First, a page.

gullfoss-waterfall-iceland

The raging Gullfoss Waterfall in Iceland

Kia has many talents but there are three things she just doesn’t do: cook, drive and navigate. This is fine – unless I’m on a snowy and slippery road with low visibility and she’s by my side insisting that she can’t read the map. Luckily, on this occasion, I spotted a sign with a familiar name, þingvellir, and managed to navigate to our destination without the help of my lovely ‘assistant’. Continue reading

travelling-in-a-developing-country

10 tips for travelling in a developing country

I’ve been lucky enough to experience a decent cross-section of the world – rich and poor – and all the charms it has to offer. From the pristine streets of Berlin to the dusty roads of Delhi, from the clockwork metro in Austria to the rickety network of dalla-dallas in Tanzania careering along at breakneck speeds, and from 5-star luxury in the Maldives to a cockroach-infested Cambodian dorm – they all have their allure and if I’m honest, I’ve enjoyed my trips through the latter destinations more than the former. Travelling through a developing country can be arresting yet terrifying, breathtaking yet prosaic, tender but heartbreaking, thrilling and frustrating. Continue reading

talking-to-strangers-tips

5 tips for talking to strangers

As an avid traveller, teacher and part-time photographer, I’ve been lucky enough to meet lots of people from lots of different backgrounds. Some became lifelong friends while many more melted into the heap of faded friendships and acquaintances we all leave behind. That’s not to say that these fleeting encounters are immaterial – even a short conversation can prove to be unexpectedly enlightening or, at the very least, thoroughly entertaining. Continue reading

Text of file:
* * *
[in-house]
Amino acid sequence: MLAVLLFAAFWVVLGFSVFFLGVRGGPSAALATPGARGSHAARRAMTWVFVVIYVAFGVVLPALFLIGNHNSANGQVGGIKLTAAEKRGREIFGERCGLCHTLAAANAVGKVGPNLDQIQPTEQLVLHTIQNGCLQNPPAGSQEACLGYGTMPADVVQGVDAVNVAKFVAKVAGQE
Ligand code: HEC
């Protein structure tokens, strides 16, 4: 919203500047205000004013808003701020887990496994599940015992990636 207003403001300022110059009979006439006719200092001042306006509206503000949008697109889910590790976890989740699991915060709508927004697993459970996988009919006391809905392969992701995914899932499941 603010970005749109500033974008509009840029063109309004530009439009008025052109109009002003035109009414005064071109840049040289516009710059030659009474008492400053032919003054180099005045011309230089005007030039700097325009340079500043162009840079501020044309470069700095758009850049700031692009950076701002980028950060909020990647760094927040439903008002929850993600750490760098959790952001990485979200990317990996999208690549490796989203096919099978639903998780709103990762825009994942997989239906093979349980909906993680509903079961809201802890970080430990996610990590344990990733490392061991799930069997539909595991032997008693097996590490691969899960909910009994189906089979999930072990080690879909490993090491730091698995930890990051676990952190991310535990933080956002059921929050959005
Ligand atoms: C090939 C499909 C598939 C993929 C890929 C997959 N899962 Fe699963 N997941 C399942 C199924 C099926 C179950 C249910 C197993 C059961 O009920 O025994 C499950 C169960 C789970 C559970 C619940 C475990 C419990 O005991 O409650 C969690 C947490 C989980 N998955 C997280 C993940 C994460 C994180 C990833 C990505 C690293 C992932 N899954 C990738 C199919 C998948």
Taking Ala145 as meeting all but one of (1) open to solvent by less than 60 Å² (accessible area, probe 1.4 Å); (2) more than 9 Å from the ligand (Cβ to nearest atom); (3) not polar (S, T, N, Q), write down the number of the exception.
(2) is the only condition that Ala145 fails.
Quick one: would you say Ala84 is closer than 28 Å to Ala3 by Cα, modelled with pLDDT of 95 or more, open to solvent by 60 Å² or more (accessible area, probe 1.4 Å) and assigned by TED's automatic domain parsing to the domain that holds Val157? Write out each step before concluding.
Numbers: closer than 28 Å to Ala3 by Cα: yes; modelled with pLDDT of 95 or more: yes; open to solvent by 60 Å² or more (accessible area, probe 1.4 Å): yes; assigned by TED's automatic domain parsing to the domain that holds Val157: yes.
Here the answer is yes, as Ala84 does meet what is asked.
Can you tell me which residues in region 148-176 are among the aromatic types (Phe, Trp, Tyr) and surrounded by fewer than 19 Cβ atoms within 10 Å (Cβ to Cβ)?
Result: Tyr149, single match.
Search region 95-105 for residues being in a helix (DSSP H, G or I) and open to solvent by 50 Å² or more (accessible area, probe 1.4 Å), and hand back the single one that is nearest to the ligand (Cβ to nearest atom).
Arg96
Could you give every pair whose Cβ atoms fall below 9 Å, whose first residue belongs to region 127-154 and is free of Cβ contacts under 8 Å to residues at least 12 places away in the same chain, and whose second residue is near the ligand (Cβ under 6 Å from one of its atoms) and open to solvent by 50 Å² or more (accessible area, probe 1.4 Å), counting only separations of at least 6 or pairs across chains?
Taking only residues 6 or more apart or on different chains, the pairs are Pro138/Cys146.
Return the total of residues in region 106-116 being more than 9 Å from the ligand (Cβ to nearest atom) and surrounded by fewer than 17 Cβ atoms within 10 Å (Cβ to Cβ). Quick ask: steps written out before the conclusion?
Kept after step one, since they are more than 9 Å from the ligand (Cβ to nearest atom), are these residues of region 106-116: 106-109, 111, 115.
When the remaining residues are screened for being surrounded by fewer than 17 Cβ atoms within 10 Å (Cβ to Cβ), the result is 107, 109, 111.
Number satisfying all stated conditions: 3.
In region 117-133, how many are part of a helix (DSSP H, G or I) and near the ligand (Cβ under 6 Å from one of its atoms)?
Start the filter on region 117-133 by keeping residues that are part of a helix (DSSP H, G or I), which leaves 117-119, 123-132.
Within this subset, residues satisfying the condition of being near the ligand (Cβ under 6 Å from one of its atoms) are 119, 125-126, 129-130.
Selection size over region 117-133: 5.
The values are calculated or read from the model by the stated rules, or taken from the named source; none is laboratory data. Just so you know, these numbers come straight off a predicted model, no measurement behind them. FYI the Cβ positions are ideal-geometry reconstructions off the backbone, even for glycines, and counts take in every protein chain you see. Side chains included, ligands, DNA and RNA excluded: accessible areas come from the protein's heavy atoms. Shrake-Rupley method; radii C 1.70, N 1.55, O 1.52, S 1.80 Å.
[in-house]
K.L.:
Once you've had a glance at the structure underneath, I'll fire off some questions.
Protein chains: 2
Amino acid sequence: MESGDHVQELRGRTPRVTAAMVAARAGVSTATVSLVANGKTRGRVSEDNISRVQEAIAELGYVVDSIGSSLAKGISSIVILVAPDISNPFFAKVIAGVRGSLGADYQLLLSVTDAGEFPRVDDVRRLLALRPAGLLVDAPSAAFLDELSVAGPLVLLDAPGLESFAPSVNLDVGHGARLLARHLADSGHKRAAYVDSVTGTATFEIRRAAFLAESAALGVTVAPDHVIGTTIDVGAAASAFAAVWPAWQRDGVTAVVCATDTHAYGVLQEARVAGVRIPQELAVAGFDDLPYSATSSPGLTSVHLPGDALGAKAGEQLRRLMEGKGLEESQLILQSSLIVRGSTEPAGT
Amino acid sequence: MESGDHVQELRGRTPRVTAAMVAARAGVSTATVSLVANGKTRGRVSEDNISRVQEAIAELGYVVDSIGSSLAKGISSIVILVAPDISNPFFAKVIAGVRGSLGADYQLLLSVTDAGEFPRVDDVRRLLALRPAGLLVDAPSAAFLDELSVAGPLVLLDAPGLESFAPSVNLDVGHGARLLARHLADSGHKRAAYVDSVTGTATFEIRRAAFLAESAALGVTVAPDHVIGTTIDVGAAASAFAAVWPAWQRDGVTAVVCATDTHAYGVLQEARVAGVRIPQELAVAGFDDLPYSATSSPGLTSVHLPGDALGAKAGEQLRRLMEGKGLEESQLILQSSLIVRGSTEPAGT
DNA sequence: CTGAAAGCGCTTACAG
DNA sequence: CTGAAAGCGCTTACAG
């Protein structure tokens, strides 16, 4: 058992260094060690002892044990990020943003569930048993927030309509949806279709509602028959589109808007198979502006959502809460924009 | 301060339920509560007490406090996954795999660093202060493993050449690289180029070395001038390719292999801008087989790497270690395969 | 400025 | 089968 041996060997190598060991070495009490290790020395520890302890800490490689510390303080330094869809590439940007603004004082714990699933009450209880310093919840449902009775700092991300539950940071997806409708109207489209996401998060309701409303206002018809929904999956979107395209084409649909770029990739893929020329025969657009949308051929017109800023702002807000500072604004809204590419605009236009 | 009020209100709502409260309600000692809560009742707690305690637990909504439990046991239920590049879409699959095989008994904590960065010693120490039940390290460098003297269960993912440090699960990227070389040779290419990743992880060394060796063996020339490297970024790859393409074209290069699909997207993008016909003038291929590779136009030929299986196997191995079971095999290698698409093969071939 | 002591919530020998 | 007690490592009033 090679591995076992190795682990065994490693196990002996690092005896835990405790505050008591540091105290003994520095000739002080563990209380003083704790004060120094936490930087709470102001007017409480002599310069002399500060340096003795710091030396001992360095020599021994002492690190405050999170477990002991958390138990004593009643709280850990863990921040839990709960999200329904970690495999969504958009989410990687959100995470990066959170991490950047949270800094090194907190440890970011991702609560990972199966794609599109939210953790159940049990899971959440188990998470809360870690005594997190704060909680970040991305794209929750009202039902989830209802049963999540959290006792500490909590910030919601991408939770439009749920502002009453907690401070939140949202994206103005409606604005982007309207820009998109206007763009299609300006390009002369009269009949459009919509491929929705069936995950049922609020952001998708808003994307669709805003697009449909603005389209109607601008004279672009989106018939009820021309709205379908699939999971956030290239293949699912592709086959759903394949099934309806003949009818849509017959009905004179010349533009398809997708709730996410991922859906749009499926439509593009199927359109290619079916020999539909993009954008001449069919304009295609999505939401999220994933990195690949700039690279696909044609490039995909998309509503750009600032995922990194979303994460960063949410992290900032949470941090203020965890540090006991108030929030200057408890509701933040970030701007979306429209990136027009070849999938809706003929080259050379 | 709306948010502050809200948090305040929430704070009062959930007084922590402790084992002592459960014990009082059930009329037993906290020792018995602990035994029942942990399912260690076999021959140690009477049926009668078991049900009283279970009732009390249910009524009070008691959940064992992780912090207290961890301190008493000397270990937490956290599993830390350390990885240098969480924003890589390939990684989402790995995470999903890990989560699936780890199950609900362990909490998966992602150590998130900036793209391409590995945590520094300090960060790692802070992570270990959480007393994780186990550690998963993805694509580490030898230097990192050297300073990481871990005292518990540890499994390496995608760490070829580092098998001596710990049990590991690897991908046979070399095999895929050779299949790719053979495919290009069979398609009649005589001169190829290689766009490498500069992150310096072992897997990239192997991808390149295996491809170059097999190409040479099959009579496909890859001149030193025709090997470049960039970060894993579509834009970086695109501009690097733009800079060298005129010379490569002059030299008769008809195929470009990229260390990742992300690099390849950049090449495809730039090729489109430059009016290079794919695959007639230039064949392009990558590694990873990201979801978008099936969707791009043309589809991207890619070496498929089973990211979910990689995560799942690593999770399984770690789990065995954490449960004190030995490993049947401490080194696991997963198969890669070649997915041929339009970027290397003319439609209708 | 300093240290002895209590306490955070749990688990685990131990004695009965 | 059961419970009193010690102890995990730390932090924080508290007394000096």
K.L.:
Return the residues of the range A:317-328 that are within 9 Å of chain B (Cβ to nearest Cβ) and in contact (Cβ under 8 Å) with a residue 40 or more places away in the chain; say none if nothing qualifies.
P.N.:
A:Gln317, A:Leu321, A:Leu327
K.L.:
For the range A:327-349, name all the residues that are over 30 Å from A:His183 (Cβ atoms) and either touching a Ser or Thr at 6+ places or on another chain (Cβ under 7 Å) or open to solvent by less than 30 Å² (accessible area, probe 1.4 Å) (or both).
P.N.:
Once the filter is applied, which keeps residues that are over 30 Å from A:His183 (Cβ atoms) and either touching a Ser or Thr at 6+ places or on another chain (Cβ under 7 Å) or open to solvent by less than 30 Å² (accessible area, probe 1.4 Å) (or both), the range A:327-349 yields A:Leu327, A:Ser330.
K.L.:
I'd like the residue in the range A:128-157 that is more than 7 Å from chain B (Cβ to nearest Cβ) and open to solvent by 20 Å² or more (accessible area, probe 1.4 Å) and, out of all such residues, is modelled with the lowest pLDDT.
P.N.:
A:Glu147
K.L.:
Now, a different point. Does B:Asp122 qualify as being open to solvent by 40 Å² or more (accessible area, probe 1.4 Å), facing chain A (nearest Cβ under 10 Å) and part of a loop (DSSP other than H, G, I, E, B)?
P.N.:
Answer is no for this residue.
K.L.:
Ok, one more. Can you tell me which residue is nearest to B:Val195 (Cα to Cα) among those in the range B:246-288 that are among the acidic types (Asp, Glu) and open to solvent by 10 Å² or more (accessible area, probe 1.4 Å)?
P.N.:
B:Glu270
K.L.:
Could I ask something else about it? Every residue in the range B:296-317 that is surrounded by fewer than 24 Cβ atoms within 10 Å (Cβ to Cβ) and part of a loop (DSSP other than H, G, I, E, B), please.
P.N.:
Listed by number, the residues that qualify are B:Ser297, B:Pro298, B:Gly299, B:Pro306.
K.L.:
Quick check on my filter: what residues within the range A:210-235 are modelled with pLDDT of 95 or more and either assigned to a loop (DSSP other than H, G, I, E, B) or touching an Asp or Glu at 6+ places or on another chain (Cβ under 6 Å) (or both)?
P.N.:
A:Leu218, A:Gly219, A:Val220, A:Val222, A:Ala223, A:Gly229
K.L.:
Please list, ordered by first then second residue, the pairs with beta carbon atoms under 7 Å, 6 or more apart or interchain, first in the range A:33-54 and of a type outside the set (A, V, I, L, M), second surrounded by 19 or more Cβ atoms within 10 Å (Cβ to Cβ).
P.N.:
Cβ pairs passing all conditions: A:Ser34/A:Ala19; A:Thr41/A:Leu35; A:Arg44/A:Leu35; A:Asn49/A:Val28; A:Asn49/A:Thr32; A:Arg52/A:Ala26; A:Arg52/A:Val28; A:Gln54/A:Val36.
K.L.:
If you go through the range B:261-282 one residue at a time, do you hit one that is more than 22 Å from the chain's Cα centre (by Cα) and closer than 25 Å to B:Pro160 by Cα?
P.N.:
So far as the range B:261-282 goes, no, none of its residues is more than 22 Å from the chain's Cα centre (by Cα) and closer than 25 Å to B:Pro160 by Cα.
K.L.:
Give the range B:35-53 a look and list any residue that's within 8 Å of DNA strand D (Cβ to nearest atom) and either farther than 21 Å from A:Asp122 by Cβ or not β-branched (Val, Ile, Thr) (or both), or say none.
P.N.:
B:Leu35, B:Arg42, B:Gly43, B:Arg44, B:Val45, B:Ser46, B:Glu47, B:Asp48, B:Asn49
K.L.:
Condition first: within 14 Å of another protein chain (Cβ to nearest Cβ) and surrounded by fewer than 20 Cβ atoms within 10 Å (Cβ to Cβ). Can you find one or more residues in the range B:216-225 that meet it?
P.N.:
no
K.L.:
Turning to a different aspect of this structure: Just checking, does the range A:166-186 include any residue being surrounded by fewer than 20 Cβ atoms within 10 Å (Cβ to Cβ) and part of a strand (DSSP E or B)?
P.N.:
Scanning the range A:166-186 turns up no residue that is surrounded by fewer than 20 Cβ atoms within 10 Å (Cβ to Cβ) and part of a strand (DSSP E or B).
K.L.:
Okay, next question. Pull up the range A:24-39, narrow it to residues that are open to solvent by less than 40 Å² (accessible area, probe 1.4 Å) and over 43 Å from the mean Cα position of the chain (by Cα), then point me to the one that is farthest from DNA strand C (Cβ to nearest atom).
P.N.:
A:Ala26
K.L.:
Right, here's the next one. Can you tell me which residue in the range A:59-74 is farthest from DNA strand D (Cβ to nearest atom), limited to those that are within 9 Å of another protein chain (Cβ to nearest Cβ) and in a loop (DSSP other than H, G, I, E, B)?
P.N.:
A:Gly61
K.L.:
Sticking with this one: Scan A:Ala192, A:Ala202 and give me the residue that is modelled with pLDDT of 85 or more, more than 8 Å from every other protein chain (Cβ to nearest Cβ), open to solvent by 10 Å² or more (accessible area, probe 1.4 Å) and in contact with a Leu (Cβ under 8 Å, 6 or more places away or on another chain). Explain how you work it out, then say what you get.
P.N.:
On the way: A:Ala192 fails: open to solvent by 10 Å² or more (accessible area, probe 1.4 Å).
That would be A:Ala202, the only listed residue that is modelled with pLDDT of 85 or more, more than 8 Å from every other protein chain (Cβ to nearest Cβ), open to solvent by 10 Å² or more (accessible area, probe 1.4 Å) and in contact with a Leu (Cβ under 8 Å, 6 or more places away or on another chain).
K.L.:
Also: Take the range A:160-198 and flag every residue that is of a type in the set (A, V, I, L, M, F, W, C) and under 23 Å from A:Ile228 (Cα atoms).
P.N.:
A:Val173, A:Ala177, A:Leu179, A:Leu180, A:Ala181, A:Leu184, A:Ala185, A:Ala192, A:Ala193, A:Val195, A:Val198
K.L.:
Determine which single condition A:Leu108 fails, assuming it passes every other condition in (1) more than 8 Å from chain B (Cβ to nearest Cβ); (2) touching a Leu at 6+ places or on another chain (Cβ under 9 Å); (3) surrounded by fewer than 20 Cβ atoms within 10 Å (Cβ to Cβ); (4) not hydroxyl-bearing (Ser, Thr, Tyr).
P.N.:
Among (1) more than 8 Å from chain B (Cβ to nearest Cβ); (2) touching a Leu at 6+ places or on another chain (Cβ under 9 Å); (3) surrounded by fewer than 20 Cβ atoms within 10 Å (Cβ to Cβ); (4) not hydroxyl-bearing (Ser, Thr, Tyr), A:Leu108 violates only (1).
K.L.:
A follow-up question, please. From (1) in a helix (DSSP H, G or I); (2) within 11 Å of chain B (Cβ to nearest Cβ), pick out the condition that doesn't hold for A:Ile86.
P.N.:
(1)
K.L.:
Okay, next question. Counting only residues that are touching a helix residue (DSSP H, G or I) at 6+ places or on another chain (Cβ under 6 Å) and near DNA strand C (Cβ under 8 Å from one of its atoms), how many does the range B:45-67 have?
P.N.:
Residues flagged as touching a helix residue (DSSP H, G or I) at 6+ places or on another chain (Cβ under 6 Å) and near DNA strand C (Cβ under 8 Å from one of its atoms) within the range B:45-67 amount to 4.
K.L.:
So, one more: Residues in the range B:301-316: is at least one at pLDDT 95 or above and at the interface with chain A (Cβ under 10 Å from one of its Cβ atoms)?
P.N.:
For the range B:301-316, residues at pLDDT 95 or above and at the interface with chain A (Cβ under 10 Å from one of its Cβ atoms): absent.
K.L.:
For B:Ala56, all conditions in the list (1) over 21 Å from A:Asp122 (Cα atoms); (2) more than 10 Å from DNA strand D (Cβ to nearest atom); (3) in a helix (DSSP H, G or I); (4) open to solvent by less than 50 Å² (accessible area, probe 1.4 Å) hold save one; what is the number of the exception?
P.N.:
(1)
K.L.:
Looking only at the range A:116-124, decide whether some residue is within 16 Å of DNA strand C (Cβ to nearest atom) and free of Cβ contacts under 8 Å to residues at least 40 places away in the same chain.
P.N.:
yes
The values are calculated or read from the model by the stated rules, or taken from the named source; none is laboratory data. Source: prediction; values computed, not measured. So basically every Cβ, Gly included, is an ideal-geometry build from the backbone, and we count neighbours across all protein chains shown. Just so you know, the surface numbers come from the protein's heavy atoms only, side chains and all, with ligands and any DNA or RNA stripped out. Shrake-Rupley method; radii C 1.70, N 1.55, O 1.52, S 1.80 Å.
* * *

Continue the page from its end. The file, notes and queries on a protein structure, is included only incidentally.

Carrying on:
return to india

Return to India

Six years ago, Peter retraced his parents’ footsteps on a return India to track down his father’s long forgotten friends…

When I was younger my father would write out my name in Hindi Sanskrit on scraps of paper. I thought it was some magical language from a fantasyland like Narnia or Lilliput and Blefuscu. When I was older I would sit with him and my mother in front of the TV and listen to him exclaim at Michael Palin’s latest travels through the foothills of the Himalaya or the dusty roads of Rajasthan. “We have to go back,” he would declare with gusto, turning to my mother. “The smells,” he would say. “The colours,” my mother would respond. “We have to go back…” Continue reading

keep-sense-of-humour-when-travelling

How to keep a sense of humour when travelling

Sometimes – not often, but sometimes – travelling proves better in theory than in practice. This might be when you arrive in your cheap hostel room in Delhi to find rotten prawns in the shower, or when a random guy in Nairobi blatantly tries to distract you so his friend can get in your bag, or when the bus that’s meant to pick you up is three hours late leaving you alone on a Cambodian roadside at three in the morning. Continue reading

travelled-the-world

What qualifies as having ‘travelled the world’?

Who has travelled the world?

How many times have you heard someone say it? Or seen a blog post about it? Seen it on a status or ‘hash-tagged’ in a bucket-list? Many people (including me) say they want to have ‘travelled the world’ but how can we quantify this? By the number of countries visited? Stamps in our passports? Borders crossed? Cultures experienced?

Kia asked this question on Quora a while ago and received a response from Jay Wacker, a former Stanford professor who offered up Hasbro’s Risk Map as a measure, suggesting that you can say you’ve travelled the world once you have visited half the territories on the map – that’s 21 out of 42 in total.  Continue reading